Joe Satriani is the master axeman that many people pick out as the representative for the electric guitar. Heís made a name for himself outside of a band much in the same way as people like Kenny G. (is that a reasonable analogy?)
For this set of discs, heís simply ďLive in San FranciscoĒ. There are 25 tracks and it must be taken from over two nights, given the variety.
Even thought vocals are limited (some would say Ďthank godí given Joeís voice), the music is strong with a speed rock beat Ė all screaming guitars and neck work. There is also a touch of blues in there. There are a few youíll always hear on commercial radio, but for most people itíll be all new.
- Devil's Slide
- The Crush of Love
- Satch Boogie
- Borg Sex
- Flying in a Blue Dream
- Ice 9
- Cool #9
- Until We Say Goodbye
- The Extremist
- Summer Song
- House Full of Bullets
- One Big Rush
- Raspberry Jam Delta-V
- Crystal Planet
- Love Thing
- Bass Solo
- Mystical Potato Head Groove Thing
- Always With Me, Always With You
- Big Bad Moon
- Surfing With the Alien
The feature is full framed and of very high quality. The colours are accurate where they can be and garish like you would expect of a high energy concert. Sharpness is consistently outstanding, except in some places where it could be better; the few flaws are glaring when there is such high consistency overall.
There are some isolated flaws as expected. You see the usual aliasing on diagonals. There is also some pixelisation/blocking on large areas of colour like when the camera points down at the stage and the red carpet seems a maze of compression artefacts. Joe is alright though, and so are the instruments, itís some of the masses of colour being dealt a blow. Perhaps the reasonably low compression rate (~5Mb/s) and the extended range PCM track has something to answer for?
There are two tracks, Dolby Digital 5.1 at 448k/s and 24-bit PCM at a massive 2,304k/s. The Dolby track is quite good, with limited use of surrounds for audience and the guitar harmonics. LFE is used quite extensively to accentuate the lower registers and the kick of the bass in the guitars.
It does not have the final timbre and accuracy of the 24-bit stereo track, which has some remarkable fidelity. Those of you without large fronts may miss the bass response of the Dolby track.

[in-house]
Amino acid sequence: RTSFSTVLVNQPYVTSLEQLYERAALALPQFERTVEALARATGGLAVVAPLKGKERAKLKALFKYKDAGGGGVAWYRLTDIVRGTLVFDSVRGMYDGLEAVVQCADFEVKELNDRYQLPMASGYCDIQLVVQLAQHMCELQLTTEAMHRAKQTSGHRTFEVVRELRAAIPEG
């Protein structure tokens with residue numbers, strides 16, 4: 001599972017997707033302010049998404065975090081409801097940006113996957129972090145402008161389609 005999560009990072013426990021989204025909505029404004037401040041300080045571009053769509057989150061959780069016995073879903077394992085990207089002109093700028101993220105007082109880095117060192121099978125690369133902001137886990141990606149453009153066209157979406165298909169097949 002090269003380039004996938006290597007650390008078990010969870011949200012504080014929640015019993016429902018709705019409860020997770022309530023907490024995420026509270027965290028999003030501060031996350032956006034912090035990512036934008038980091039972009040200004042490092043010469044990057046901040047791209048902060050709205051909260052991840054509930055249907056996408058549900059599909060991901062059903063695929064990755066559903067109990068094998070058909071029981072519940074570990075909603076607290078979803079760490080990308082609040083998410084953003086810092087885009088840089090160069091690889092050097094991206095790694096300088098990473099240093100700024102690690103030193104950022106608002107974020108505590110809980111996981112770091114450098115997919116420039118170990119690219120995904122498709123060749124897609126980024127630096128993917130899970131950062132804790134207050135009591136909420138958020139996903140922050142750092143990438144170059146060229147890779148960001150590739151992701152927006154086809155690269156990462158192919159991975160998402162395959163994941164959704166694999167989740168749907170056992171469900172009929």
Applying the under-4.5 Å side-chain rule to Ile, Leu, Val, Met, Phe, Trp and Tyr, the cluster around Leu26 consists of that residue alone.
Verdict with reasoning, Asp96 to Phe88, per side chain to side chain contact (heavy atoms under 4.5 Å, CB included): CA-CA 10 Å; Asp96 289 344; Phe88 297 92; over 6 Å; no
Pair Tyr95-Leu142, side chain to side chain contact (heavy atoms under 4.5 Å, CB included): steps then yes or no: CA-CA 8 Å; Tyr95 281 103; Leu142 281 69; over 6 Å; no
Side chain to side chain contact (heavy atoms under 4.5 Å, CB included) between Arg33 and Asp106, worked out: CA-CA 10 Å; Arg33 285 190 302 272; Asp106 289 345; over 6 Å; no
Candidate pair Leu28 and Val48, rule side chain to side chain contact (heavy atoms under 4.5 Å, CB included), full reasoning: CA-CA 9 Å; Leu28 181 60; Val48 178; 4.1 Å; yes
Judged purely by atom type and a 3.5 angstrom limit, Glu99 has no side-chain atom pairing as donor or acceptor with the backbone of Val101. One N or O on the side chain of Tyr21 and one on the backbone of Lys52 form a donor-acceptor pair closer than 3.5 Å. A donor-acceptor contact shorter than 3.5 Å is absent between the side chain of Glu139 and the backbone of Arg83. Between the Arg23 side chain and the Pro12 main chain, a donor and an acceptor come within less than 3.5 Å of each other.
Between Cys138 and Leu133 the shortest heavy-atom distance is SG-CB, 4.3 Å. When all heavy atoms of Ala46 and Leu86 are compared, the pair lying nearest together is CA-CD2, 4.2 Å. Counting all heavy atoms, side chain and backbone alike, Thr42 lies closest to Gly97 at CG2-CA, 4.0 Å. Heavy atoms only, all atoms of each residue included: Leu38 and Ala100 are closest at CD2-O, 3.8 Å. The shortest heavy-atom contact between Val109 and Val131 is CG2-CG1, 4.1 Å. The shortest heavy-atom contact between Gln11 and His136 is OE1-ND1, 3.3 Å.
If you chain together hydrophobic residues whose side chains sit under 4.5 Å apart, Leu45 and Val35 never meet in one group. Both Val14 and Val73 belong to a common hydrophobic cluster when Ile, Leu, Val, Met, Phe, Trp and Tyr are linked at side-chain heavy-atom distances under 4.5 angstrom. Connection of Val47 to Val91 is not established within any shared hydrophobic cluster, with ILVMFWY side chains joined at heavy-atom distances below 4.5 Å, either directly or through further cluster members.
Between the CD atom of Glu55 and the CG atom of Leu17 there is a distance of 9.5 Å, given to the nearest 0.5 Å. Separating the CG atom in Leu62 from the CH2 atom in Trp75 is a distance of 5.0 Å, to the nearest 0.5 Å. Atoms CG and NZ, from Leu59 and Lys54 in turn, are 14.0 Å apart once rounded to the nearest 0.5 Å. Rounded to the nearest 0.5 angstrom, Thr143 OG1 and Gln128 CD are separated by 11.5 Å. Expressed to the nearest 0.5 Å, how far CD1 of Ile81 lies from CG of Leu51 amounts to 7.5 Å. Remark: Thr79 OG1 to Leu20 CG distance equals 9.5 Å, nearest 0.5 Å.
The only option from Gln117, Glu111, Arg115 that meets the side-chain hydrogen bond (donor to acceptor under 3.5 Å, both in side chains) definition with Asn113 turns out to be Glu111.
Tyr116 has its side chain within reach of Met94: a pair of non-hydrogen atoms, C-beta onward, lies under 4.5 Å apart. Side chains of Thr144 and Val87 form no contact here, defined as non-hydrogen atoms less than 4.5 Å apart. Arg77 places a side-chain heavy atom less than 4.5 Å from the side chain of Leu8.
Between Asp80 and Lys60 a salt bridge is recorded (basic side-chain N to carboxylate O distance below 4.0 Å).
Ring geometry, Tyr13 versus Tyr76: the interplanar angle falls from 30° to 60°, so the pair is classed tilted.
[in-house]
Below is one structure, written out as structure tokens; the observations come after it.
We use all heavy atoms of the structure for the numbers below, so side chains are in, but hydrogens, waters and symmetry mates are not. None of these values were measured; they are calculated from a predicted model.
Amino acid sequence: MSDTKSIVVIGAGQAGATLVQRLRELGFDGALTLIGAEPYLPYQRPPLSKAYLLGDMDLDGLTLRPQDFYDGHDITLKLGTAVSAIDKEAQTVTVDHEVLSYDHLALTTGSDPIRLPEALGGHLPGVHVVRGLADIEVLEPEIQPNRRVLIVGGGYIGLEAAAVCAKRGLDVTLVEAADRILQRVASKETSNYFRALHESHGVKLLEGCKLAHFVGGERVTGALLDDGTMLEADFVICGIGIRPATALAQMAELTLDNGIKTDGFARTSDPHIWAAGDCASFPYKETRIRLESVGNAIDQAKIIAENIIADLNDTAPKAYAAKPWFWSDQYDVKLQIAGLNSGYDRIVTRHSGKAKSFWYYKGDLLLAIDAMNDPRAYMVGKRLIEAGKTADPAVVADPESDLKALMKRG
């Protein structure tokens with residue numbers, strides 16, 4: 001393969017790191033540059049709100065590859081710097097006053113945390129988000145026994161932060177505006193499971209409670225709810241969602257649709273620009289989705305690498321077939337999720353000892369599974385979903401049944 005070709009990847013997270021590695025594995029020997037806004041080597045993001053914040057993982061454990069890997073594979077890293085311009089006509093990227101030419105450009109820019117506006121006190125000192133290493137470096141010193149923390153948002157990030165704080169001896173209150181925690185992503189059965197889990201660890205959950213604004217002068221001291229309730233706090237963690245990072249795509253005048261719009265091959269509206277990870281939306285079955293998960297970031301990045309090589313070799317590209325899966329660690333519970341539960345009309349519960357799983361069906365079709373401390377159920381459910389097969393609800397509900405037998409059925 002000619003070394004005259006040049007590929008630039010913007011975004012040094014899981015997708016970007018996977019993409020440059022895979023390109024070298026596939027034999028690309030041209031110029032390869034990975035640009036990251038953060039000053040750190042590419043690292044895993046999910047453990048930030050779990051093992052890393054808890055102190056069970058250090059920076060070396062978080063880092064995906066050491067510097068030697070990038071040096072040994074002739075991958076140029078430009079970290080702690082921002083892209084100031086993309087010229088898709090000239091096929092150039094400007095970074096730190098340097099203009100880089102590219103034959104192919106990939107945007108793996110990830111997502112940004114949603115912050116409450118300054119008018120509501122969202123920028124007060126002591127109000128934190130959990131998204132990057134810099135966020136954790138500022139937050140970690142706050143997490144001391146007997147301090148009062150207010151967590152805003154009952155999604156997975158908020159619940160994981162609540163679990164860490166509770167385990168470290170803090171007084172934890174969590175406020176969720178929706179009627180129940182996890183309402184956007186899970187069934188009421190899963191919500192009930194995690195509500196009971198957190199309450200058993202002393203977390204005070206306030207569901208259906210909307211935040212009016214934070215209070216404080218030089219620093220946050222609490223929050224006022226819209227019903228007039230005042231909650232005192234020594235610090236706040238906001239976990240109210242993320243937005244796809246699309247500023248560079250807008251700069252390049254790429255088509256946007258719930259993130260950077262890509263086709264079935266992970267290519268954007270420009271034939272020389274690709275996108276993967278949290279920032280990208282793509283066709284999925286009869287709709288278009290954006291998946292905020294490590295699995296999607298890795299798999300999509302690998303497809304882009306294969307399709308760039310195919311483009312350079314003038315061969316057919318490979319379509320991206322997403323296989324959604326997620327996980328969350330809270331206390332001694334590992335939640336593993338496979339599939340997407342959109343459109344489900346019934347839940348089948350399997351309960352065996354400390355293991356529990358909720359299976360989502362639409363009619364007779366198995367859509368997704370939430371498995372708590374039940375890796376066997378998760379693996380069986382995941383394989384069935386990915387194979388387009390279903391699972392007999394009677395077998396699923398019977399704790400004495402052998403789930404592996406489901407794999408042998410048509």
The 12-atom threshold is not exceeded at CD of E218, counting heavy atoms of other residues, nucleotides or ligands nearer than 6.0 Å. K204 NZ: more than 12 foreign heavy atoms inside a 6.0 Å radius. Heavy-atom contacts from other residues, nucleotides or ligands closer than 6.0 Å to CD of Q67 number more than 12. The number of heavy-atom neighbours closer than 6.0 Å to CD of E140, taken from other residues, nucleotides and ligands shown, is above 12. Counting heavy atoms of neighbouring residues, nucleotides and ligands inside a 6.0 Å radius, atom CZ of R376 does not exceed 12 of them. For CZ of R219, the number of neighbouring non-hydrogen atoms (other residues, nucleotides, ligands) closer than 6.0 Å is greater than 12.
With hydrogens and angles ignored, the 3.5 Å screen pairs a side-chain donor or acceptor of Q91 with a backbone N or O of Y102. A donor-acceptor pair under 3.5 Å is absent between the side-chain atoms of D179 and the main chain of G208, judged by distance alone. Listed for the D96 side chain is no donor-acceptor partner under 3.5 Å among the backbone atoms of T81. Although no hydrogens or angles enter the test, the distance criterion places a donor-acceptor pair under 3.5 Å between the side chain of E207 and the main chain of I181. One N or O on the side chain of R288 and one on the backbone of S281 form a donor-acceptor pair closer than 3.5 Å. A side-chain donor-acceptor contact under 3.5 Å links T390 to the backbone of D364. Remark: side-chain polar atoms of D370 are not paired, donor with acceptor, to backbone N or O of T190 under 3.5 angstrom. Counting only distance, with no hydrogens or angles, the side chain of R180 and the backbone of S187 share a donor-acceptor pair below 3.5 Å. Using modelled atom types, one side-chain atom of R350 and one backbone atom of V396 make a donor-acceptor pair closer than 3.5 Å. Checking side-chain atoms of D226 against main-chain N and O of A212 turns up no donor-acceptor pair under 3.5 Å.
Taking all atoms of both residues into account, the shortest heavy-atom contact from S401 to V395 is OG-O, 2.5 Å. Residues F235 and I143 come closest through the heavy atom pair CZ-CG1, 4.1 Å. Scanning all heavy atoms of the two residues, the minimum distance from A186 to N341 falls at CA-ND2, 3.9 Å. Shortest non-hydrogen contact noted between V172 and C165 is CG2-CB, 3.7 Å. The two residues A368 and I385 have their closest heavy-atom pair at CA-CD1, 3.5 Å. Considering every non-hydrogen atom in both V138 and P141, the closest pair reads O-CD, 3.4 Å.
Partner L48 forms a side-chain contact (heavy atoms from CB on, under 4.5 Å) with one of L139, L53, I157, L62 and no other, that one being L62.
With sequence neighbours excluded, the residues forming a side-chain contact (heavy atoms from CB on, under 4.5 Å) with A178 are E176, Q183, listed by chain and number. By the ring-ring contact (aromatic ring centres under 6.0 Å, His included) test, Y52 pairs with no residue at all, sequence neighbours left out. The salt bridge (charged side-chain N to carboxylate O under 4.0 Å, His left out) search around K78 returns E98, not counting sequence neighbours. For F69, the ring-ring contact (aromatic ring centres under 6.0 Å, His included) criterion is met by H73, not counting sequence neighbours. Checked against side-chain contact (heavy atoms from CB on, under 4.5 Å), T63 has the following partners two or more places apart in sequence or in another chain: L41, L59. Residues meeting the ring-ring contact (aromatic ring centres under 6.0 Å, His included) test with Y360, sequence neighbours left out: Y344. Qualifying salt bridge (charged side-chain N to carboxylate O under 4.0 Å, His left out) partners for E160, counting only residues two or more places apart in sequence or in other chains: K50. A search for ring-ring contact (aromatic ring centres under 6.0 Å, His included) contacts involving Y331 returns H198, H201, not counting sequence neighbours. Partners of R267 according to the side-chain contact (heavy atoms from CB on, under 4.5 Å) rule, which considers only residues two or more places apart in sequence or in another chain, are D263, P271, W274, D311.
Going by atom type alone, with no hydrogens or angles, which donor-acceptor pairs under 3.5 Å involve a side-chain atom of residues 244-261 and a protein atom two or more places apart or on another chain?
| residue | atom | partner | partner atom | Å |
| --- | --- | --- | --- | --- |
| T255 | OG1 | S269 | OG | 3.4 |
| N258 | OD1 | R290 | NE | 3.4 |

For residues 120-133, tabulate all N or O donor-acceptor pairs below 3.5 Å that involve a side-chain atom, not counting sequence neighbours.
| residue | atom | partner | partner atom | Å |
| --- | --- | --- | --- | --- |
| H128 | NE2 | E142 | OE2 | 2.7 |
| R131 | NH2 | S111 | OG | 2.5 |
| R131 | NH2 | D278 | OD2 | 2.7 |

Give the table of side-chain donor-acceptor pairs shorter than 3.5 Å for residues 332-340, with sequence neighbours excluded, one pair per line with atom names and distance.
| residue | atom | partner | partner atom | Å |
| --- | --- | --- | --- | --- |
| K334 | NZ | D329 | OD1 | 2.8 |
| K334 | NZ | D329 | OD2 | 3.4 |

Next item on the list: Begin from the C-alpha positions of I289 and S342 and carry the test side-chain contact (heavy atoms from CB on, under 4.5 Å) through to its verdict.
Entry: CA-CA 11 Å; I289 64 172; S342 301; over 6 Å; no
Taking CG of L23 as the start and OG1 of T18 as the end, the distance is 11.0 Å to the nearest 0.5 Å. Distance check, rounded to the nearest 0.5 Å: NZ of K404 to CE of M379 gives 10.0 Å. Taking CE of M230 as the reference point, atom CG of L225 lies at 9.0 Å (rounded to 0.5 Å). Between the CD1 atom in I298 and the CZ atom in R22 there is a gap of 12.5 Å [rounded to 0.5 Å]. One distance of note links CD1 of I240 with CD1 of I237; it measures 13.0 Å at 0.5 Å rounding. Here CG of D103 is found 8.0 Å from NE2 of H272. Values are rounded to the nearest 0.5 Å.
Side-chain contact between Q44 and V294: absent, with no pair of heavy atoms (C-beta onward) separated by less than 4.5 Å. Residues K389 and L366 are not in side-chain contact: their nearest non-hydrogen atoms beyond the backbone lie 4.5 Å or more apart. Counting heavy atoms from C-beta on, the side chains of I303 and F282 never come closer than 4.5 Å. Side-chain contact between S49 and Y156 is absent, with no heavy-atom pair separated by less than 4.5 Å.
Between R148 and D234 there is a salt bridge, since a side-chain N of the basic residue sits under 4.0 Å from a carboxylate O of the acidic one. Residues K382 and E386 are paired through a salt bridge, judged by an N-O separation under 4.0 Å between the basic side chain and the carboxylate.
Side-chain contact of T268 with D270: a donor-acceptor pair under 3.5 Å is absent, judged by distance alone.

The only flaw detected is a major mastering error on the second disc. This has some of the nastiest synch problems Iíve ever seen on any disc. The PCM track lags behind the visuals to the order of something like 1.5 seconds. I was able to allow for this on my processor, but strangely it is not there on Dolby track. The lag is consistent throughout the disc, but itís glaring on the lyrical tracks. This is a horrid problem, perhaps more so if you look out for it. Even with this flaw, however, the PCM track is preferable.
Extras are limited, but since this is a 25 track, two disc extravaganza, this can be overlooked. On the first disc, thereís a three track multi-angle setup. The songs chosen are Time, Devilís Love and The Crush of Love. Like most multi-angles, this is mostly frill work and in some bits it's hopelessly without merit, given the odd camera angle choices. Be that as it may, it is refreshing to see it used outside of pornography (or so Iíve been told...)
There is a nine-minute featurette, in which Joe gets technical with his guitar setups. Iím not sure I understood all of this. This would be of best use to actual guitarists rather than most fans. Itís in PCM stereo and the picture is a bit worse than the main feature.
I like the last bit and I wish it was on more DVDs. Thereís a discography with extensive notes on each album. I guess I like reading Rolling Stone style articles on albums. Here is some of that sort of analysis...
There is certainly a lot of music here for the money, and for guitarists this is a no brainer. For many people the music will be highly accessible and if you like hard rock with sizzling guitars, this is all killer, with no filler. To use another analogy, if it were porn, it would be all money shot, none of the lead up. Joe is easily a step above many of the lead guitarists in those guitar driven speed metal bands. Because of the mass of good music here, I can overlook the glaring flaw on the second disc. Even with this flaw and the lack of truly compelling extras, itís a good purchase.